Newspaper distorted Zuma's comments about racism - Presidency

2016-01-11 15:05
President Jacob Zuma. (Gianluigi Guercia, AFP)

President Jacob Zuma. (Gianluigi Guercia, AFP)

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Johannesburg - The Presidency has accused Independent Newspapers of distorting President Jacob Zuma's recent comments about racism in its coverage of his interview with eNCA.

On Monday morning, the group’s titles "erroneously stated" that Zuma had said that racism was not an issue in South Africa, the Presidency said.

"The President stated that South Africa had addressed institutionalised racism since 1994 and that the problem that remained was that of individuals who still harboured racism and prejudice.

"He emphasised that all should be done to eradicate racism in society and that there should be consequences for racism."

The Star's front page story on the interview carried the headline "It's a gross exaggeration", with a sub head saying "[Former Finance Minister Nhlanhla] Nene didn't crash rand, racism is not an issue, says Zuma".

The Star's editor Kevin Ritchie told News24 that while the headline and the story were correct, the problem was with the sub head.

"We have apologised to the Presidency for that," he said.

The paper had apologised in the online version of the story, and would apologise in Tuesday's print edition.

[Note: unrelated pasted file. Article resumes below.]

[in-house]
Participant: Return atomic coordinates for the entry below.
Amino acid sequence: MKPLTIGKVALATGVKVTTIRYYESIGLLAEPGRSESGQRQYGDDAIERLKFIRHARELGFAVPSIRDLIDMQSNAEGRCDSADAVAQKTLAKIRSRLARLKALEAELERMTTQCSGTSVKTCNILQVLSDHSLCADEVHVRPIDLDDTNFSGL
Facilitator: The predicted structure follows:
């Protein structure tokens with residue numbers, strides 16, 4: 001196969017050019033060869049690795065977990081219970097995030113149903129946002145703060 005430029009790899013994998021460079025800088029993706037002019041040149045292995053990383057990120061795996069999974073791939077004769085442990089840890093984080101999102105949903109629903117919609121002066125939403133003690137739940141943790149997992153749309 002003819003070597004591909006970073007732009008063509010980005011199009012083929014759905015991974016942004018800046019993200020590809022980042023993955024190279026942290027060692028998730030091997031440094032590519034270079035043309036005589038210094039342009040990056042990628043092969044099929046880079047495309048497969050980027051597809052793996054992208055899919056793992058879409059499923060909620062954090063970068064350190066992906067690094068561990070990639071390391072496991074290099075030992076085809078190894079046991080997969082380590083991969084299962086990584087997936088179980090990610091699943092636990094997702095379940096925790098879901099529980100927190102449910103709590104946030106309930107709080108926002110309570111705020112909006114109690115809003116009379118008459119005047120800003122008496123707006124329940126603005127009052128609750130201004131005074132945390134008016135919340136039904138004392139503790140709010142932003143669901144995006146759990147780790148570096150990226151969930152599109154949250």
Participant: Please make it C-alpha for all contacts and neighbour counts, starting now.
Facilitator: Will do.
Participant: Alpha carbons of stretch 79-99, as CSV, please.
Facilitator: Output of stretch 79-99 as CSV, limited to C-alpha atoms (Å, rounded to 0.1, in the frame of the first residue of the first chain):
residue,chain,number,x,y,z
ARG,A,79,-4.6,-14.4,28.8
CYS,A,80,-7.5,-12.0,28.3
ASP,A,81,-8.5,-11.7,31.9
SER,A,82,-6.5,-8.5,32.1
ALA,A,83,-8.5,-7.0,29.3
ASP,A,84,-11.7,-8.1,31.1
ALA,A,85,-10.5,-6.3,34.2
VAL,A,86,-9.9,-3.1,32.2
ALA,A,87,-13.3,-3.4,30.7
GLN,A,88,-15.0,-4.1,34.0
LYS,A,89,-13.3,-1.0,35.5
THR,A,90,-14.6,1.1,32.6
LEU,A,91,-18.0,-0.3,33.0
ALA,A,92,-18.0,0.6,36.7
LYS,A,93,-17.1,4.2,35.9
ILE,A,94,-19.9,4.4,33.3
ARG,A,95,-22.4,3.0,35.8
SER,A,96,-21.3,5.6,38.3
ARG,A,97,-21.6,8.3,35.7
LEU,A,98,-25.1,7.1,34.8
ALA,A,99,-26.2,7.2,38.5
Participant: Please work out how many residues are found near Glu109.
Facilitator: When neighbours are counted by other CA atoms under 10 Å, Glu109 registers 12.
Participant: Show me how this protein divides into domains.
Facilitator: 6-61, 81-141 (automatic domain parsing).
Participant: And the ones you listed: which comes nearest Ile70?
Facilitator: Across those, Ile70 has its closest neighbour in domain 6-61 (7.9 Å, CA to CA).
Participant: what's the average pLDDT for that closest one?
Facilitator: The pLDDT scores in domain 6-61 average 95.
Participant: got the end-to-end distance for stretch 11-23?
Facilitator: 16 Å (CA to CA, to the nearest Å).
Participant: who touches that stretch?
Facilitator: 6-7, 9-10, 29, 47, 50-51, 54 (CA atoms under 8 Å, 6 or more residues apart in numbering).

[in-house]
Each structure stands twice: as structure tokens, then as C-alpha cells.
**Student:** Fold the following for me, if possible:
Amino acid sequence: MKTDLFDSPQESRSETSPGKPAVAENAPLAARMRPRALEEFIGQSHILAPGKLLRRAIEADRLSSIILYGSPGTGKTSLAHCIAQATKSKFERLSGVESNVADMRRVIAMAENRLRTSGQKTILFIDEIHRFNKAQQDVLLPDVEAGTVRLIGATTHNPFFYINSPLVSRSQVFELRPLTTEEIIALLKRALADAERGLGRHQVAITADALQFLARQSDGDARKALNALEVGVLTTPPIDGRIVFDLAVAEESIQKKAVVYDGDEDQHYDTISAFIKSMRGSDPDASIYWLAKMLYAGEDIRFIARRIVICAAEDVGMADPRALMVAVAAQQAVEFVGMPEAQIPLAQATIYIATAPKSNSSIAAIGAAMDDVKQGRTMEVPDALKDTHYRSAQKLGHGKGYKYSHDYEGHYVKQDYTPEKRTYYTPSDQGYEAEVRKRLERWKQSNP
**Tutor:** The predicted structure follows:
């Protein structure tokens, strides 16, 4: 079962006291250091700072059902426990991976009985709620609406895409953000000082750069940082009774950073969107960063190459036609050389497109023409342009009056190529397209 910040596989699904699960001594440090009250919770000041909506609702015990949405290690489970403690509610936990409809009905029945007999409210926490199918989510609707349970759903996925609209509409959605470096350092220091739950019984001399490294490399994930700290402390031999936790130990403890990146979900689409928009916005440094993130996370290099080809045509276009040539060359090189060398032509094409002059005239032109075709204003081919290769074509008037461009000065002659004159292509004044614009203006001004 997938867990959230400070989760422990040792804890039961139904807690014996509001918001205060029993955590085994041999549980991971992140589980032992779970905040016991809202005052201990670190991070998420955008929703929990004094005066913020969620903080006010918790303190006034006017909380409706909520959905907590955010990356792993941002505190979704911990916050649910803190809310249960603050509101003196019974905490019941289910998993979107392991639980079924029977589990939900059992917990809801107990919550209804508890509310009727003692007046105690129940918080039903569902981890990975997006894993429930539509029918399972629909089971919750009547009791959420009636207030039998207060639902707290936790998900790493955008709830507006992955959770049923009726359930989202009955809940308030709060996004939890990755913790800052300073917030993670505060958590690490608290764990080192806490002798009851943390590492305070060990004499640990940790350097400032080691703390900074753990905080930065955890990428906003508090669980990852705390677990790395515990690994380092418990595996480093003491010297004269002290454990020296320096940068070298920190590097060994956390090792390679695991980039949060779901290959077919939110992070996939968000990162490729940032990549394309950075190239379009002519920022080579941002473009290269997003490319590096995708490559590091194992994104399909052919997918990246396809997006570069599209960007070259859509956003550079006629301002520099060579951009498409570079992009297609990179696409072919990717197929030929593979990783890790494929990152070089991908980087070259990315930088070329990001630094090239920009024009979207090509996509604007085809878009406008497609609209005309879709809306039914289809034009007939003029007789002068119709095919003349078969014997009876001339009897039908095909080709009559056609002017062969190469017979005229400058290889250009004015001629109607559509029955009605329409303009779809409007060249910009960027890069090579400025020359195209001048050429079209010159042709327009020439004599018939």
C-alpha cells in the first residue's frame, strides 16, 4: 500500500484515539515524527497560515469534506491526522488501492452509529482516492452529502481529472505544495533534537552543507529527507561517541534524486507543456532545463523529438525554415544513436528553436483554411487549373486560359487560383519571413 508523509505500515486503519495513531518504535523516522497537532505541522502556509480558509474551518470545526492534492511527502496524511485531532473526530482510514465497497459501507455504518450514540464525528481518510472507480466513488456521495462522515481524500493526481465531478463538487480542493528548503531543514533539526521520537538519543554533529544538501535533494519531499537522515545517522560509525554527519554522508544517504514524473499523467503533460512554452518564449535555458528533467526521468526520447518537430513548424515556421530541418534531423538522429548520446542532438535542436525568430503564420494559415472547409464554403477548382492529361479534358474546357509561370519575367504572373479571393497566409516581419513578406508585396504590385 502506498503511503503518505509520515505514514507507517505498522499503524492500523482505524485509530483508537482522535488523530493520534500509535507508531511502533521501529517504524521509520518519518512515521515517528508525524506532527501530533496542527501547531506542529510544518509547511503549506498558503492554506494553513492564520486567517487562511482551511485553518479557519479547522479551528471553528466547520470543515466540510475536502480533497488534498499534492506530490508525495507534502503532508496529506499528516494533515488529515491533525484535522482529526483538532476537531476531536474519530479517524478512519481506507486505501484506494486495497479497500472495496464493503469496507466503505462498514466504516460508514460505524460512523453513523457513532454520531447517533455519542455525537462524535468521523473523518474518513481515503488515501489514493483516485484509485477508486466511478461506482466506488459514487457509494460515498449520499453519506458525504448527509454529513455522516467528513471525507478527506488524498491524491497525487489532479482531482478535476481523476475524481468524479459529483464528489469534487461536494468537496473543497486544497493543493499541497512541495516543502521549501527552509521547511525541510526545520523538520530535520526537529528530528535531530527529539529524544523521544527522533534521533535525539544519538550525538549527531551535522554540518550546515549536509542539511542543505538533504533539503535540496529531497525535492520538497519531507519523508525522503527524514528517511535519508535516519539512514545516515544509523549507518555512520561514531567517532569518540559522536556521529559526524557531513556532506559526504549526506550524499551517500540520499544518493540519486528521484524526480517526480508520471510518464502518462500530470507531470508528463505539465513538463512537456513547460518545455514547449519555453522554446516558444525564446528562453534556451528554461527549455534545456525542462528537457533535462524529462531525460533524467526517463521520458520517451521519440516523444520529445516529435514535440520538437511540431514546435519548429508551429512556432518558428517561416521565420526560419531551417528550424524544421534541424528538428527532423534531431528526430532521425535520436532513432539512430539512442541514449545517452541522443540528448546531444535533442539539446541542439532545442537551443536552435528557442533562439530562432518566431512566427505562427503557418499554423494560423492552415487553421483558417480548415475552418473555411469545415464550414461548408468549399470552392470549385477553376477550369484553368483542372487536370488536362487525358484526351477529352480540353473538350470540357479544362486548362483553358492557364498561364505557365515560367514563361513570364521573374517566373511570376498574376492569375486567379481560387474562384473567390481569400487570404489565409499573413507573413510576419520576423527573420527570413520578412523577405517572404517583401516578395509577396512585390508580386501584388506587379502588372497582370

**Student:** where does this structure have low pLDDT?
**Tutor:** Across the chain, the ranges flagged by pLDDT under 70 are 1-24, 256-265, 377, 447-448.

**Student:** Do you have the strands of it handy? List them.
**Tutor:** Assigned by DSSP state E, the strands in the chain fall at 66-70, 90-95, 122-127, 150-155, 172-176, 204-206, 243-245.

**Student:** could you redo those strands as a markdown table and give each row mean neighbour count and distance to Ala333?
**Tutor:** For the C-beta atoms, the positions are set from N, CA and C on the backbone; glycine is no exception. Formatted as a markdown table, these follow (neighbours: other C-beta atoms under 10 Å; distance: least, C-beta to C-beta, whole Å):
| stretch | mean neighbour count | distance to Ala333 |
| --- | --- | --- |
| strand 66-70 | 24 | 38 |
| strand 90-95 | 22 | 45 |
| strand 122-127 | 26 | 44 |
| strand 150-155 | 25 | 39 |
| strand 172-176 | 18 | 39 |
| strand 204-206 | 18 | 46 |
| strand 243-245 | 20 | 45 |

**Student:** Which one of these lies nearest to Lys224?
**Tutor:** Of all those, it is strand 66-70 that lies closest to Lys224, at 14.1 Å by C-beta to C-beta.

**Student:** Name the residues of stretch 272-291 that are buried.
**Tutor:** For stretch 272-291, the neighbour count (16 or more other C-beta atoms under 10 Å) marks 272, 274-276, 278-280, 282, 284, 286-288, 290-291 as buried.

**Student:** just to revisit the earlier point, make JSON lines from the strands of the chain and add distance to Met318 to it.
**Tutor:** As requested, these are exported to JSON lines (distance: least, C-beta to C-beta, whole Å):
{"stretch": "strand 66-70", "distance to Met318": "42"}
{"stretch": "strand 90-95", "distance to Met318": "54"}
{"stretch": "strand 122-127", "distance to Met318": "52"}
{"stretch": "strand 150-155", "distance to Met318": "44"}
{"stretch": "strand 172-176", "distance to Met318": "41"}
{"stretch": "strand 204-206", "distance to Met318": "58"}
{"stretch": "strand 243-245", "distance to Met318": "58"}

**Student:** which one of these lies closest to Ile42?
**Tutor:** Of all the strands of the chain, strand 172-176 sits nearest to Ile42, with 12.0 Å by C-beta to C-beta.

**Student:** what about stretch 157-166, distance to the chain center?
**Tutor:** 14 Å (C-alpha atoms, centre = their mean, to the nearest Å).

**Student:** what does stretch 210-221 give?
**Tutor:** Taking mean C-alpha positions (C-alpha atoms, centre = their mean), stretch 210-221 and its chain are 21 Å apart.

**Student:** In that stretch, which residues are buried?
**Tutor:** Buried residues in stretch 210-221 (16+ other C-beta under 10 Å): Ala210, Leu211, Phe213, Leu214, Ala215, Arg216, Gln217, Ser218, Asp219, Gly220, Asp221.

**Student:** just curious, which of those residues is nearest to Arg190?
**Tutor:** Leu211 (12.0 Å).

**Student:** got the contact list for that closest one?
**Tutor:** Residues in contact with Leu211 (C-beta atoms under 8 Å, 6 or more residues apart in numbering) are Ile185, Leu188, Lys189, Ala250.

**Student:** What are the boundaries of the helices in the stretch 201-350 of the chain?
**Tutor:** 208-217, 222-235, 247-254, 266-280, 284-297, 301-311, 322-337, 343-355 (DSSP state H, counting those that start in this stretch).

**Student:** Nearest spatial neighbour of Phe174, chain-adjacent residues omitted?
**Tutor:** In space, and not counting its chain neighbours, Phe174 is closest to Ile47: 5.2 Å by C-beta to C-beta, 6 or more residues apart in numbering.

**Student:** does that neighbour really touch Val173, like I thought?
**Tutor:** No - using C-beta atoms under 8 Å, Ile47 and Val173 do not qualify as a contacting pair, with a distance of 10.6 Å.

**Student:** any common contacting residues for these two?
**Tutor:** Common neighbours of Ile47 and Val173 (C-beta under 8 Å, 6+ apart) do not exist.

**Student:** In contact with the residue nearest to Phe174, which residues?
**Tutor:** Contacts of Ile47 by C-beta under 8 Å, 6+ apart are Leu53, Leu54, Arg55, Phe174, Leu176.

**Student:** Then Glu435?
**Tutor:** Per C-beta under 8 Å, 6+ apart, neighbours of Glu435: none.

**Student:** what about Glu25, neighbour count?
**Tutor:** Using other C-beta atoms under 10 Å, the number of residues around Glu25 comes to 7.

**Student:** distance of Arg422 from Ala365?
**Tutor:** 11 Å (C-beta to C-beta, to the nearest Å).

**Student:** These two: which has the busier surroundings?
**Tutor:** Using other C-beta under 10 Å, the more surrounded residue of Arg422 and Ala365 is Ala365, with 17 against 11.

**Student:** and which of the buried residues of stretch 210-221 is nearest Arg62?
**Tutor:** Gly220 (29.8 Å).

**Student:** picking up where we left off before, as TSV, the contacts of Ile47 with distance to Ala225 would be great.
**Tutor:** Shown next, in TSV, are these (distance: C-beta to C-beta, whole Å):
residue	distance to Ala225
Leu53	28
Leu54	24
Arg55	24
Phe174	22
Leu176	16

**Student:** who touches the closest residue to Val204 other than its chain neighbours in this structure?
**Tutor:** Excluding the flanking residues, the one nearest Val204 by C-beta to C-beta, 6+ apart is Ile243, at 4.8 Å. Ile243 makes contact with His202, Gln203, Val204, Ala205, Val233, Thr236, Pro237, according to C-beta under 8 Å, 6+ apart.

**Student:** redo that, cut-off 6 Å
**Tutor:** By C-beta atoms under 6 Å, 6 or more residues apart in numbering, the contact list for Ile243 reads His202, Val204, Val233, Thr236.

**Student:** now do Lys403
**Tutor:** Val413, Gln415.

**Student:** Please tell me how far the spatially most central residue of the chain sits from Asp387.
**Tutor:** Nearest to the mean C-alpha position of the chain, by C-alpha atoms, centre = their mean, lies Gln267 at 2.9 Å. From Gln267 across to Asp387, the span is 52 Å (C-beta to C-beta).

Zuma said in his interview with eNCA: "With time, people have tended to exaggerate the issue of racism. They say South Africa is still a racist country... [it is] not true.

"We defeated racism when we pursued the non-racial society. Our society is a rainbow nation, it is not racial. It does not remove certain individuals who have racist beliefs, who are uttering racist statements. You cannot, because of people, less than five, have made racist statements and then brush the whole country, that the country is racist."

Zuma was commenting on the public outcry that followed statements made by a few social media users, most notably KwaZulu-Natal estate agent Penny Sparrow, who called black beachgoers monkeys.

Read more on:    independent newspapers  |  jacob zuma  |  media  |  racism

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